Lives of Machines & The Industrial Revolution: 9

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The Industrial Revolution: Part 9

Milestones & Terminology


The evolution of the typewriter is part of the ongoing history of the human need to communicate. Gradually a machine emerged that revolutionized the work of the writer. In 1868, Christopher Sholes invented the first practical mechanical typewriter machine.The idea behind the typewriter was to apply the concept of movable type developed by Johann Gutenberg in the invention of the printing press century to a machine for individual use. While the history of typewriter development can be traced as far back as the 16th century and Francesco Rampazzetto, it wasn’t until the mid 19th century that the modern version took shape. There were many inventors who were looking at machines that could type, among them William Austin Burt (patent 5,581X External) and Alfred Ely Beach (patent number US15,164 External), Agostino Fantoni, Pellegrino Turri, Charles Thurber, Giuseppe Ravizza, and Rev. Rasmus Malling-Hansen. In the U.S., one of the first commercially made typewriters was patented in 1868 (US 79,265 External) by Christopher Latham Sholes, Carlos Glidden, and Samuel W. Soule (Sholes also had a separate patent in 1878 US 207,559 External). The 1868 patent was sold to E. Remington & Sons (then known for manufacturing sewing machines) who began production on March 1, 1873 under the name Sholes and Glidden Type-Writer. This model eventually became the Remington Typewriter and it is this machine that popularized the QWERTY layout we are still using on our computer keyboards. [1]

What Mechanisms Are Part of Industrial Machines?

The mechanism of a mechanical system is assembled from components called machine elements. These elements provide structure for the system and control its movement. The structural components are, generally, the frame members, bearings, splines, springs, seals, fasteners and covers. The shape, texture and color of covers provide a styling and operational interface between the mechanical system and its users. The assemblies that control movement are also called “mechanisms.”[46][54] Mechanisms are generally classified as gears and gear trains, which includes belt drives and chain drives, cam and follower mechanisms, and linkages, though there are other special mechanisms such as clamping linkages, indexing mechanisms, escapements and friction devices such as brakes and clutches. The number of degrees of freedom of a mechanism, or its mobility, depends on the number of links and joints and the types of joints used to construct the mechanism. The general mobility of a mechanism is the difference between the unconstrained freedom of the links and the number of constraints imposed by the joints. It is described by the Chebychev-Grübler-Kutzbach criterion. [2]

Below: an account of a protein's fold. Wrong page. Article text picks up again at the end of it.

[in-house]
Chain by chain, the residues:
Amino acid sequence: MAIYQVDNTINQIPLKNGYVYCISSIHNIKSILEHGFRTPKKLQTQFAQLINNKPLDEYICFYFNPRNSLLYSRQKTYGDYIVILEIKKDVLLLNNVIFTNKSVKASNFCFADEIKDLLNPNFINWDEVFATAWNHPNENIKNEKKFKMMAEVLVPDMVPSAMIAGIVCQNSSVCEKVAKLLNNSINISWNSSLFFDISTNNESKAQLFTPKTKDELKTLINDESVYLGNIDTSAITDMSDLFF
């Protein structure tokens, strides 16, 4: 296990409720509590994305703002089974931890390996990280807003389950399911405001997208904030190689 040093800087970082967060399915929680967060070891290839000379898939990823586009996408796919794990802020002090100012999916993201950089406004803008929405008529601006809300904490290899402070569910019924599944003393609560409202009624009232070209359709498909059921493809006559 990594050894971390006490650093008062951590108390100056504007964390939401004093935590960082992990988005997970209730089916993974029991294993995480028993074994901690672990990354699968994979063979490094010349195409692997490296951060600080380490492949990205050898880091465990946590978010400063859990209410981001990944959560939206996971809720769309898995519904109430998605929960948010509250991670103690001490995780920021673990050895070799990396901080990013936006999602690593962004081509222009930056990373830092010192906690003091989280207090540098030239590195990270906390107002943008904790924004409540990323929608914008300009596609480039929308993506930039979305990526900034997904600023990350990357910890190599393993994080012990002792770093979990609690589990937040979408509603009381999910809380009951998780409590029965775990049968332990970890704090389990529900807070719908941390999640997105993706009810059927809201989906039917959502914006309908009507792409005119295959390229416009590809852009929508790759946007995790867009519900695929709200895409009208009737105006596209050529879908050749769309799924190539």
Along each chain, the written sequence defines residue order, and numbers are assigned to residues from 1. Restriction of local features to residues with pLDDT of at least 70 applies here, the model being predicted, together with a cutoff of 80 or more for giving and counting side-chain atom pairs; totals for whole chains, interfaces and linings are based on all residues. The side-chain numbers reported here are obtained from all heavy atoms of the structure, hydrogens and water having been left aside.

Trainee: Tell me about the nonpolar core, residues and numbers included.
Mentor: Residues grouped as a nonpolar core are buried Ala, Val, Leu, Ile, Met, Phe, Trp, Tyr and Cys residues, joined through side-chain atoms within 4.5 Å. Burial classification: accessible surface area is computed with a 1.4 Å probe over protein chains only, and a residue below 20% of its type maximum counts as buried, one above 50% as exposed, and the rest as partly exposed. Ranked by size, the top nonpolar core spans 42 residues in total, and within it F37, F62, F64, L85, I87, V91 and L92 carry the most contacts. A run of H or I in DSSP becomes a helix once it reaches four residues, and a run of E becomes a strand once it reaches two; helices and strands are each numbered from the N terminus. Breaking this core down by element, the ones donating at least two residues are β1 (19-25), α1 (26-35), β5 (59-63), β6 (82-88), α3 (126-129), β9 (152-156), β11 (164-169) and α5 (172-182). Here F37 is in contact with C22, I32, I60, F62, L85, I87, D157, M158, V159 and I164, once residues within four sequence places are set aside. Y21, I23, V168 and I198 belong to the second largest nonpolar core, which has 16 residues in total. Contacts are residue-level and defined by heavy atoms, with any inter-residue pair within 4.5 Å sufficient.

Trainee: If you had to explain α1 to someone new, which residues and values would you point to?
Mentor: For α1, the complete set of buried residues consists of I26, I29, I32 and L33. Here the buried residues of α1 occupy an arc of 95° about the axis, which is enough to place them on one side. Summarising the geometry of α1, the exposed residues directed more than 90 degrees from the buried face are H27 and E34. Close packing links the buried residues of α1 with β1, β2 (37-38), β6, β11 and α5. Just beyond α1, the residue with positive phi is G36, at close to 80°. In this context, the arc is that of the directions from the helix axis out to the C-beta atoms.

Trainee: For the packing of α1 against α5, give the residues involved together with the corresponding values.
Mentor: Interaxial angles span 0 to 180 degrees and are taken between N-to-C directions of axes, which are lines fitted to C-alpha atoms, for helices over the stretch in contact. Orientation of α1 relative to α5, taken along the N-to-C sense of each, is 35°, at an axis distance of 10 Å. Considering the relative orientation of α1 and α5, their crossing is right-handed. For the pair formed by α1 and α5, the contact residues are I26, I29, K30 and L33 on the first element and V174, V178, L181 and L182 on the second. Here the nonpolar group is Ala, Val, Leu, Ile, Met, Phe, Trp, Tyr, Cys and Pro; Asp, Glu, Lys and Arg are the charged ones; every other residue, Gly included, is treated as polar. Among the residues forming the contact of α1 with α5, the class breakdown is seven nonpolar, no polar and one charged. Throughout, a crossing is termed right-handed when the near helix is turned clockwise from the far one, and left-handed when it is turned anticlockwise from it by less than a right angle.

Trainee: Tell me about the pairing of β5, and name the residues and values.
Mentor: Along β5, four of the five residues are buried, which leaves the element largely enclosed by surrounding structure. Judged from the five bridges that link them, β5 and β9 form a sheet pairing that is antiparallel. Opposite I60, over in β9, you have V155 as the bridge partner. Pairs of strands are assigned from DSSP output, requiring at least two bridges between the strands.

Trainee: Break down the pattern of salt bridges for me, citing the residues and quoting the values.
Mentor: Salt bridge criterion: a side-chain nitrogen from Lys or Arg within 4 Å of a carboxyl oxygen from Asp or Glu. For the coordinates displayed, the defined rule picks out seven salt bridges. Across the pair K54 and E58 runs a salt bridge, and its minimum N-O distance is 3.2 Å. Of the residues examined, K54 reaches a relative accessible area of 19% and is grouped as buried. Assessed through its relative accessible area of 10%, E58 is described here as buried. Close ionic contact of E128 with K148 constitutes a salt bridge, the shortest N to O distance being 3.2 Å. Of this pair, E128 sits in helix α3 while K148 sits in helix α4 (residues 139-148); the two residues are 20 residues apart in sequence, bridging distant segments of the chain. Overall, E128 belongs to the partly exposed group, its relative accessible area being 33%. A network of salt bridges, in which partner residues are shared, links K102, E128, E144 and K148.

“Don’t spend a lot of time on trying to cobble together a fully-integrated solution if the systems aren’t designed to play well together..”

Chris Kuntz


The Industrial Revolution

Industrial Revolution Turn-of-the-Century Factory Production. American Labor Movement.
Industrial Revolution Turn-of-the-Century Factory Production. American Labor Movement.
Industrial Revolution Turn-of-the-Century Factory Production. American Labor Movement.

What Is Capitalism? Capitalism is an economic system in which private individuals or businesses own capital goods. At the same time, business owners (capitalists) employ workers (labor) who receive only wages; labor doesn’t own the means of production but instead uses them on behalf of the owners of capital. The production of goods and services under capitalism is based on supply and demand in the general market—known as a market economy—rather than through central planning—which is known as a planned economy or command economy. The purest form of capitalism is free-market or laissez-faire capitalism. Here, private individuals are unrestrained. They may determine where to invest, what to produce or sell, and at which prices to exchange goods and services. The laissez-faire marketplace operates without checks or controls. Today, most countries practice a mixed capitalist system that includes some degree of government regulation of business and ownership of select industries. [3]

[1] is from one of two sources, either Riyasamdani or Historic UK. [2] is from Wikipedia and [3] is from The Gutenberg Project section on The Industrial Revolution. The period photographs are from a variety of public domain sources. You can use the thumbnail gallery below to navigate through the site.